Happy Martin Luther King day everyone. I hope you have a nice holiday today!
I have been going through my hard drive sorting old photos and I came across this piece. I made this a couple of years ago, it sold almost as soon as it came out of the kiln. I never made another one. I think I would like to revisit this idea and make more of these.
The image is of two African American women picking cotton in the south. I had a long talk with my friend Candace one day about how I wanted to make some pieces that represented the old slave houses I used to visit as a kid. I love these little houses and feel like they deserve to be honored for the lives that lived in them. However, I am not African American and can't begin to even pretend I understand the history of slavery in the south, so I felt that maybe it wasn't my place, but Candace assured me that it's a history that belongs to all of us, and we all have a part of it in our lives. There were families living in these places, loving, praying, caring for one another and they deserve to be remembered. And so, I made this one. I loved it and I wish I could remember who owns it now. I think this form has influenced many of the pieces I have made. Only one person has actually recognized that. When I did the workshop with Nina Bagley she mentioned that they reminded her of the slave houses in the south, why yes Ms. Bagley, you are so right!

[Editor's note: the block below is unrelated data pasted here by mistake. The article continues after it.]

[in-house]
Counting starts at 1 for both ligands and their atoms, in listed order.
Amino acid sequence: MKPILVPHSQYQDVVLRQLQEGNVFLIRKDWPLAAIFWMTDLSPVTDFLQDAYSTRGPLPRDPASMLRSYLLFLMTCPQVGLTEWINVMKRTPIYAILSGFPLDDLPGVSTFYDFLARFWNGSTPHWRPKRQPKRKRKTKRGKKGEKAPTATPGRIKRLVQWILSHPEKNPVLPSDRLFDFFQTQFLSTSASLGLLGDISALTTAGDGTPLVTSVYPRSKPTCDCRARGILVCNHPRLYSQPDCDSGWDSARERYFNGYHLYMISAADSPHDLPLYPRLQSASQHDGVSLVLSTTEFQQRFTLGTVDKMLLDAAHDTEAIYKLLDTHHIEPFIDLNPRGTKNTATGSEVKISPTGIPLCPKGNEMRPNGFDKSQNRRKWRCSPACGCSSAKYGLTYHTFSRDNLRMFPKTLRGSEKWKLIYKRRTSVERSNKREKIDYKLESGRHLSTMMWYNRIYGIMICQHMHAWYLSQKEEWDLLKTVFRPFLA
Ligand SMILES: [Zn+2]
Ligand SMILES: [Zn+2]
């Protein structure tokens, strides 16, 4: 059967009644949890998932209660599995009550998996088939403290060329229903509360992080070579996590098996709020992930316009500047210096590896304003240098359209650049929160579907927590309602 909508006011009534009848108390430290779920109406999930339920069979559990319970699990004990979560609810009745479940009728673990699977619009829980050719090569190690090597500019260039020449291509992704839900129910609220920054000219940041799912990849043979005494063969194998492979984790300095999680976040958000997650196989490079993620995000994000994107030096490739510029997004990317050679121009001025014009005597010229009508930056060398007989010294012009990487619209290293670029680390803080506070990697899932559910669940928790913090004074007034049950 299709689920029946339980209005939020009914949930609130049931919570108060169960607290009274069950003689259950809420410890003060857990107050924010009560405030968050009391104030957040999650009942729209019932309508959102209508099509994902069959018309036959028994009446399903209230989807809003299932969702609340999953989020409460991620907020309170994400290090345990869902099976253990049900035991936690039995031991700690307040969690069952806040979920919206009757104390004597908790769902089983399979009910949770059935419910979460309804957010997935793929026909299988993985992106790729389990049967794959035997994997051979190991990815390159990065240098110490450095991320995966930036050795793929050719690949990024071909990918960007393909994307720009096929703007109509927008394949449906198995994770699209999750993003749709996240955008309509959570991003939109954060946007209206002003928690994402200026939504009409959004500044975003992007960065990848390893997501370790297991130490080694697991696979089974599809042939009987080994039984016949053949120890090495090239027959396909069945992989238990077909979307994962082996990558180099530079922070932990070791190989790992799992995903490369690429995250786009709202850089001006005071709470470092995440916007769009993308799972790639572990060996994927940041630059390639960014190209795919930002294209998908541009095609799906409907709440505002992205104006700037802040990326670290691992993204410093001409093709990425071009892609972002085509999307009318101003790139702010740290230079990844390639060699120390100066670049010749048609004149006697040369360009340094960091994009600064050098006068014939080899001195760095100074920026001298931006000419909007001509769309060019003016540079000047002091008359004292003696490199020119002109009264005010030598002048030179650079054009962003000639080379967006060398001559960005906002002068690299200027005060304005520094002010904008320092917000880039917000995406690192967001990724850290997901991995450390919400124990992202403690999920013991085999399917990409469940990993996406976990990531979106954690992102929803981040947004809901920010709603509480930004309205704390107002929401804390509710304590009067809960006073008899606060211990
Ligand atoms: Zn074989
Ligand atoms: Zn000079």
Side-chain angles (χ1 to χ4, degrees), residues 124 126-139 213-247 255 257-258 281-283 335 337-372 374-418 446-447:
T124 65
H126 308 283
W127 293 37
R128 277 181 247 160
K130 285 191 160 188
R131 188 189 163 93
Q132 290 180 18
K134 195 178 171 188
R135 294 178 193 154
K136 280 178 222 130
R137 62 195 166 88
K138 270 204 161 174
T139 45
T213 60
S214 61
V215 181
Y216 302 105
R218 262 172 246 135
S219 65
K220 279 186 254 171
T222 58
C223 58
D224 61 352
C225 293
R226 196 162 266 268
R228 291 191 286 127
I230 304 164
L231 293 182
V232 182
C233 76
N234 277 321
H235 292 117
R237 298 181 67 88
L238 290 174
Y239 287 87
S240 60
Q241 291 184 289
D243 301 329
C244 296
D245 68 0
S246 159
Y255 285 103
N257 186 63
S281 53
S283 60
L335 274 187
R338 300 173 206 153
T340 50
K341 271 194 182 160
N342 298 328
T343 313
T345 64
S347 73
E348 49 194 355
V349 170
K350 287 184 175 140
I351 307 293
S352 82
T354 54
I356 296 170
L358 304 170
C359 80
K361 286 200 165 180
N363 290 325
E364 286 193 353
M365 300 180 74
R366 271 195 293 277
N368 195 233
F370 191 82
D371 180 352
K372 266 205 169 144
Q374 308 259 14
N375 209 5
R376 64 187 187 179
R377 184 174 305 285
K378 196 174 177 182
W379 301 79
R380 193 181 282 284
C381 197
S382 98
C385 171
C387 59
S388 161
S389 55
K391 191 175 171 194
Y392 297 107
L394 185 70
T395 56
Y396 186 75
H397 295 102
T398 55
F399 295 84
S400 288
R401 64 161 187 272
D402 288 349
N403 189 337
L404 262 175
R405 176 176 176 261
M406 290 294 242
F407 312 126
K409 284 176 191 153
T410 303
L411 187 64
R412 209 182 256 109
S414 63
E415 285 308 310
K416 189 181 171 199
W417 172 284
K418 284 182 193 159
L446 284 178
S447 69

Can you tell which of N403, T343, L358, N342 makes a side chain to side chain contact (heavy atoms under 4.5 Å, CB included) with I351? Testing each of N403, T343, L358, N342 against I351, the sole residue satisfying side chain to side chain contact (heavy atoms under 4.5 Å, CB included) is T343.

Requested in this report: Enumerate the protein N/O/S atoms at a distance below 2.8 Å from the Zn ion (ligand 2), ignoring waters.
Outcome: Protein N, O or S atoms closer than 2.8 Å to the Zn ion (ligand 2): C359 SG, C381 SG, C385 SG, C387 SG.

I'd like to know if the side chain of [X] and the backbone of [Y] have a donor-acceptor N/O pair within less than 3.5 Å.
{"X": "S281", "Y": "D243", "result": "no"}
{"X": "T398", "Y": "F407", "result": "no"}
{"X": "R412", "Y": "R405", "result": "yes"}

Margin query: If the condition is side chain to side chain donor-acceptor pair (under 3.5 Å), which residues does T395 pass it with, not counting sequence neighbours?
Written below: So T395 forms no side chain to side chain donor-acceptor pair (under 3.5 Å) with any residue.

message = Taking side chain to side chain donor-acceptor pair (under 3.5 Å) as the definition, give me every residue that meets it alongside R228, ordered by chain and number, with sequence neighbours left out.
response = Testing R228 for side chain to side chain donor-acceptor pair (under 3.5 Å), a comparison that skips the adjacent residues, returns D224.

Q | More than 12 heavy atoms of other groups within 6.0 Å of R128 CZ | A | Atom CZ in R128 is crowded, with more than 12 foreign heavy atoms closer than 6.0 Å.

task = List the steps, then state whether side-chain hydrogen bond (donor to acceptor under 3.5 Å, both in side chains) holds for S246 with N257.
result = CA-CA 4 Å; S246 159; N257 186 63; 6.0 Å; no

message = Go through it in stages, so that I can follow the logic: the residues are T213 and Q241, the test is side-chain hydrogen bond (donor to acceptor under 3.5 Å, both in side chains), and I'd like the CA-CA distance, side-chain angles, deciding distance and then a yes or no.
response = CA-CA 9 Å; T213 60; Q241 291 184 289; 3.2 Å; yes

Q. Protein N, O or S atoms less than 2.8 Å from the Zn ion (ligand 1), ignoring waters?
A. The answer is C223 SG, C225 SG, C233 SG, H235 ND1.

I felt much more authentic using the image of the cotton workers with this piece. My grandfather grew up on a cotton farm in Georgia, he picked cotton, in fact he had to quit school in the sixth grade to work the farm. My grandmother had to quit school in the 4th grade to go to work in the cotton mill. My grandfather also worked in the cotton mill, lived in the little mill house a block away and raised four kids on a poor man's cotton mill salary. He missed only one day of work in 50 years and then he retired, without even so much as a goodbye from the management of the mill. My mom was so mad at them, she drove up from Myrtle Beach and went to the mill and shamed them. Go mom!